Here's a look at Sask.'s latest update to the COVID-19 vaccine delivery plan
In this Wednesday, June 24, 2020 file photo, a volunteer receives an injection at the Chris Hani Baragwanath hospital in Soweto, Johannesburg. (Siphiwe Sibeko/Pool via AP, File)
REGINA -- The provincial government has updated its plan for delivering the COVID-19 vaccine to Saskatchewan residents.
According to the government’s original plan outlined in December, the province identified 190,000 in priority populations it aimed to immunize in the first phase of the rollout.
The province said on Thursday, based on federal allocations, it will not have enough vaccines to fully vaccinate the priority population – made up of health care workers in high-risk departments, long term care and personal care home residents and staff, residents between the ages of 70 and 80 and residents over the age of 50 living in remote areas and northern Saskatchewan.
The Saskatchewan Health Authority (SHA) estimated it will fall short of immunizing the high priority population by about 50 per cent.
Saskatchewan is scheduled to receive around 100,000 total doses of COVID-19 vaccine by the end of February.
On Tuesday, Premier Scott Moe said the federal government has told Saskatchewan it can expect a total of 190,000 Pfizer and Moderna vaccines by the end of March, but the distribution schedule for April onwards has not yet been released by Ottawa.
“We are going to be, and currently are, dealing with limited and unpredictable allocations. We hope to see this resolved in the coming weeks as more is known about our supply chain for the COVID-19 vaccine,” Derek Miller, SHA Executive Director of Infrastructure Management, said Thursday.
The feds expect vaccine shipments to Canada to ramp up as the country enters Phase Two of the national immunization campaign – officials are expecting to receive approximately one million doses from manufacturers each week.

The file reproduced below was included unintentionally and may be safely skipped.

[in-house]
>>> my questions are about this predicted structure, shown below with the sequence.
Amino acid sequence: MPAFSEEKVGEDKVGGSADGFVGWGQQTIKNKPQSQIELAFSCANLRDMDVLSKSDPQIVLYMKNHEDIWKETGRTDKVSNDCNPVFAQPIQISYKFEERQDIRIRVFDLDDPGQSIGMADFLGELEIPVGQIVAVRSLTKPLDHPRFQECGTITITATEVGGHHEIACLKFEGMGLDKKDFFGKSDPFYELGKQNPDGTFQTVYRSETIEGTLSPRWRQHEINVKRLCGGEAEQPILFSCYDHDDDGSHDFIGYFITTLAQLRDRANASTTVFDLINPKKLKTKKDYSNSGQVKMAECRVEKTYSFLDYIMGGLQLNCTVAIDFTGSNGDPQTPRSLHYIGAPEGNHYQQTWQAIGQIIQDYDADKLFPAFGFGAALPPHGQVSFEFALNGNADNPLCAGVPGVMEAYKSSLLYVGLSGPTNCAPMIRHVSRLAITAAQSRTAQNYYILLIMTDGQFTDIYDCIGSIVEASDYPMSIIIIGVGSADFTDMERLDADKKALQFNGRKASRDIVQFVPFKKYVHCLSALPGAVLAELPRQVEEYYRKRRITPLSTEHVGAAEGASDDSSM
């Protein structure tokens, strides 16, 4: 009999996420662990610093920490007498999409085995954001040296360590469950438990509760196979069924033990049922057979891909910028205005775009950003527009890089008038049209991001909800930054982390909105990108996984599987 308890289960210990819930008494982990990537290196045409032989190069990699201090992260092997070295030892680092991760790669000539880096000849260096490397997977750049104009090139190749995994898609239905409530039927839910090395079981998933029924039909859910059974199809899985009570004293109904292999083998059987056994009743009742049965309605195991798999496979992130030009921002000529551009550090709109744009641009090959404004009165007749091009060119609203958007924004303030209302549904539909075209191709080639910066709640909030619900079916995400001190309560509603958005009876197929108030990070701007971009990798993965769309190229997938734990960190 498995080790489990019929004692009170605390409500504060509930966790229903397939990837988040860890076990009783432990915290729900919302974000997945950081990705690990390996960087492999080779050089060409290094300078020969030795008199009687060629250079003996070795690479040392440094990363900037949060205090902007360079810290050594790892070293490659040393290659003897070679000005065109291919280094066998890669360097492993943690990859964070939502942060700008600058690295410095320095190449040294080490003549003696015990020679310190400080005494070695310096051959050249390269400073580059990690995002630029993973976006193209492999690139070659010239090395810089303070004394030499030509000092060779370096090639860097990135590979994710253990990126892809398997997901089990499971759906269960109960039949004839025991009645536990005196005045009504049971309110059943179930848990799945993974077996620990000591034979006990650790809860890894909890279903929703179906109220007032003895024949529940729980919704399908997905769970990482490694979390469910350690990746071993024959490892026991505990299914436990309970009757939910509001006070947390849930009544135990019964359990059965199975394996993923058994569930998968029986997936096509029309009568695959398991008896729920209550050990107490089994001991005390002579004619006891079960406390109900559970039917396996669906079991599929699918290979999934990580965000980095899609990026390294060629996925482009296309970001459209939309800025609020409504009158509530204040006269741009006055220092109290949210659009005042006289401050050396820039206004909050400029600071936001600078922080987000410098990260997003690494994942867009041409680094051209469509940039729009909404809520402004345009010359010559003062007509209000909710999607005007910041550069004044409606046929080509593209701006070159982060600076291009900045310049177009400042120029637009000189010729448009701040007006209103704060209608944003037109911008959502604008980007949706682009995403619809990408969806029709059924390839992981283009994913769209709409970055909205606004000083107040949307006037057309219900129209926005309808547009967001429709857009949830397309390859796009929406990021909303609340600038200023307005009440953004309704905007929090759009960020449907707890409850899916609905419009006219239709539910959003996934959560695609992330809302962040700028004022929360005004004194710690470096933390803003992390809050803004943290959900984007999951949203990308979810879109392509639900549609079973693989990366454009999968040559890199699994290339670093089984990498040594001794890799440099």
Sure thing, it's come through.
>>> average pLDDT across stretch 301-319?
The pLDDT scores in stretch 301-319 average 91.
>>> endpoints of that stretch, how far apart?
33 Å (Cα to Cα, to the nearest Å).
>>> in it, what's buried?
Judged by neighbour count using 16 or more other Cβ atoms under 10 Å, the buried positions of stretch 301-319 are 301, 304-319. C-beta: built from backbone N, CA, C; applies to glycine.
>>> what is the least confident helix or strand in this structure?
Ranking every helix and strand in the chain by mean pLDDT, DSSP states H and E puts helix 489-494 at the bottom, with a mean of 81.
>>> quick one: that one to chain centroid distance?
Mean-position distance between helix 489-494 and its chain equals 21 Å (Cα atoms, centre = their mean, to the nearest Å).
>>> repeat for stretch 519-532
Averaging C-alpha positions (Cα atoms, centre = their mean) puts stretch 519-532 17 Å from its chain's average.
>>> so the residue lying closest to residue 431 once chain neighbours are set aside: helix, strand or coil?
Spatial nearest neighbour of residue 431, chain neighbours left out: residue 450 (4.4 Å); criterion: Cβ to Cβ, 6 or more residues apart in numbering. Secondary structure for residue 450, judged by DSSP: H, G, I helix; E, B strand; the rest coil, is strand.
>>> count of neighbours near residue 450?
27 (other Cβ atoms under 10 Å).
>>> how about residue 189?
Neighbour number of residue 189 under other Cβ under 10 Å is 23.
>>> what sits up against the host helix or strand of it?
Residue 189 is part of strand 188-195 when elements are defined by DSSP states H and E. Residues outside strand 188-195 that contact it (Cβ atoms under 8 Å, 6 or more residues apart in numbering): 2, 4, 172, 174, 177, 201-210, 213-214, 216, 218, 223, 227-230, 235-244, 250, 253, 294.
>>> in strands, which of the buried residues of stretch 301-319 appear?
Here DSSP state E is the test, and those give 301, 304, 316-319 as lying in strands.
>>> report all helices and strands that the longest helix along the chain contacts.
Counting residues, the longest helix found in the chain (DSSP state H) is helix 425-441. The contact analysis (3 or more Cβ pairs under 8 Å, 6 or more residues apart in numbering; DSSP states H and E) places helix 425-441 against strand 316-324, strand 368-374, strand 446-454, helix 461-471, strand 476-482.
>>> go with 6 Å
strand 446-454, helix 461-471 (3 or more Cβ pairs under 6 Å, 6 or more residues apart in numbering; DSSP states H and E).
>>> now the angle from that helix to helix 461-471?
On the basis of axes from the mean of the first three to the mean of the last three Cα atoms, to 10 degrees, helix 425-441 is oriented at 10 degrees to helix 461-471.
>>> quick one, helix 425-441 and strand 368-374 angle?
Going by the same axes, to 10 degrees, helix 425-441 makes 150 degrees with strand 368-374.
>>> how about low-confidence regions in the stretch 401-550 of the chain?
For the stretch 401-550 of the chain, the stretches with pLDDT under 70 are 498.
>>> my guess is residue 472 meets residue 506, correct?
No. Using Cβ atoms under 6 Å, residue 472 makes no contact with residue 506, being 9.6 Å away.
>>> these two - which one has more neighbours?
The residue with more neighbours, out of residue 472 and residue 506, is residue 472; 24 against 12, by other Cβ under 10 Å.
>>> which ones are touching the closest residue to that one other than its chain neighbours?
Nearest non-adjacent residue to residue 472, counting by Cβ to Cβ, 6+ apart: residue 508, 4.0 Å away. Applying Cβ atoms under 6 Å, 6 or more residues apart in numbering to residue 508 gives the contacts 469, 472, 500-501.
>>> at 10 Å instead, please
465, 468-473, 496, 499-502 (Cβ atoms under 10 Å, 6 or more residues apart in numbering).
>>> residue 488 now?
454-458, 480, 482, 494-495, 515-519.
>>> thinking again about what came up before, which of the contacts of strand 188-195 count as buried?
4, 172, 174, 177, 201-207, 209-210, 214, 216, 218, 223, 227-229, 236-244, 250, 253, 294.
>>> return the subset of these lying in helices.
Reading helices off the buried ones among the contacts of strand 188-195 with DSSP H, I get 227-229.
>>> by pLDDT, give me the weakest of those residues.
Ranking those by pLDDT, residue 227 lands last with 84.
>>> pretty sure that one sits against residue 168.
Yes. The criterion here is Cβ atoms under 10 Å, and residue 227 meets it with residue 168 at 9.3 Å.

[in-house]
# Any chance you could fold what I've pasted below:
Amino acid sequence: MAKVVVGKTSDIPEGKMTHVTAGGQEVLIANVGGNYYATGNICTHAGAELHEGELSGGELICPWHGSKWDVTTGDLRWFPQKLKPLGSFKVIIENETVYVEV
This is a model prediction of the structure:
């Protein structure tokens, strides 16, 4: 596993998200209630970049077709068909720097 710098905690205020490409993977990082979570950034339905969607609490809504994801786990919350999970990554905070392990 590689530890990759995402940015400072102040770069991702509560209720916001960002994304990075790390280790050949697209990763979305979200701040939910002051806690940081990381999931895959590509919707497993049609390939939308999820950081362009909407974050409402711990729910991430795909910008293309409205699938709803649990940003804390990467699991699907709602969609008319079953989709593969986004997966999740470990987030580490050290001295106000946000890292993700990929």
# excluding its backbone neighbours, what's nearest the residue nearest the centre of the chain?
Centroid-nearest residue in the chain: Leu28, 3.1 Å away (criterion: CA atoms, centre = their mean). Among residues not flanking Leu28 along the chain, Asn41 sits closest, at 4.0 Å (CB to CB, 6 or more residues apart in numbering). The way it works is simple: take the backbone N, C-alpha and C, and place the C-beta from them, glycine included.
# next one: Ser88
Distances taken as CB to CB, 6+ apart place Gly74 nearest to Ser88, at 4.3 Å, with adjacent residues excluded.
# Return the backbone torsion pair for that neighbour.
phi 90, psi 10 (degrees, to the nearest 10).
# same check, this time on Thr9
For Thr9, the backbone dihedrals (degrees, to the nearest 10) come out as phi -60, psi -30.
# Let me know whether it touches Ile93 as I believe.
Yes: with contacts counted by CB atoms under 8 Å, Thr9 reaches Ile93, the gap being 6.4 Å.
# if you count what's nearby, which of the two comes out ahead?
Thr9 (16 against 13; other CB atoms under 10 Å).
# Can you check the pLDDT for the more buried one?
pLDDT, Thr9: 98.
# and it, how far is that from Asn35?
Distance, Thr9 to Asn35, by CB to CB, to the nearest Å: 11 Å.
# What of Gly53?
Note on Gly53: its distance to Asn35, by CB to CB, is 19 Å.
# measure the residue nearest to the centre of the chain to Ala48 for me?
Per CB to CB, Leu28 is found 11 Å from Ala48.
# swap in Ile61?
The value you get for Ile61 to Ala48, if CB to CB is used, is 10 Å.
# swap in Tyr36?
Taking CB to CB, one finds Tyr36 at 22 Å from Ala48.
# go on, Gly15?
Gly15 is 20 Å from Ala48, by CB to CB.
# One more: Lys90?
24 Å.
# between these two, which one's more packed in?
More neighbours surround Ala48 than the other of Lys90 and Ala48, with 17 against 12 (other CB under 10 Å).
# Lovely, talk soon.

The province said it is not looking to change its plan to open immunization to the general population in the spring yet, but there are logistical hurdles that could send the plan into flux.
“We have planning figures for vaccine delivery that takes us out to the end of March. Beyond that, it's unknown in terms of what the quantities would be and the delivery schedules we’re planning based on those numbers. They don't necessarily represent confirmed deliveries,” said Derek Miller.
Another obstacle that could impact vaccine deliveries across the province is the weather. SHA CEO Scott Livingstone said the winter storm that swept through Saskatchewan Wednesday night sidelined a shipment of the Moderna vaccine that was scheduled for Thursday. The shipment will now come in on Friday.
The province’s Chief Medical Health Officer said he wants to see high vaccination rates as the province continues through its phased approach to the vaccine rollout.
“I would expect 100 per cent uptake in the most vulnerable long term care residents and primary care home residents,” said Dr. Saqib Shahab. “For health care workers and primary care, long term care staff, high uptake because there's the second layer of protection to existing residents and residents who may be admitted in the future.”
Shahab expects adults outside of priority populations to get vaccinated in the spring, and even if COVID-19 case numbers decline, he said that does not give people an excuse for skipping out on the shot.
“The vast majority of us should get the vaccine, it provides a very high level of clinical protection for us,” explained Shahab.
Shahab said depending on the outcomes of clinical trials, school-aged children could get the vaccine by July or August.
The province said everyone who is able to get a vaccine and wants one will be able to get one before the fall.
“Our plan is that anybody in this province who wants a vaccine will get a vaccine in their arm before September,” Saskatchewan Health Authority CEO Scott Livingstone said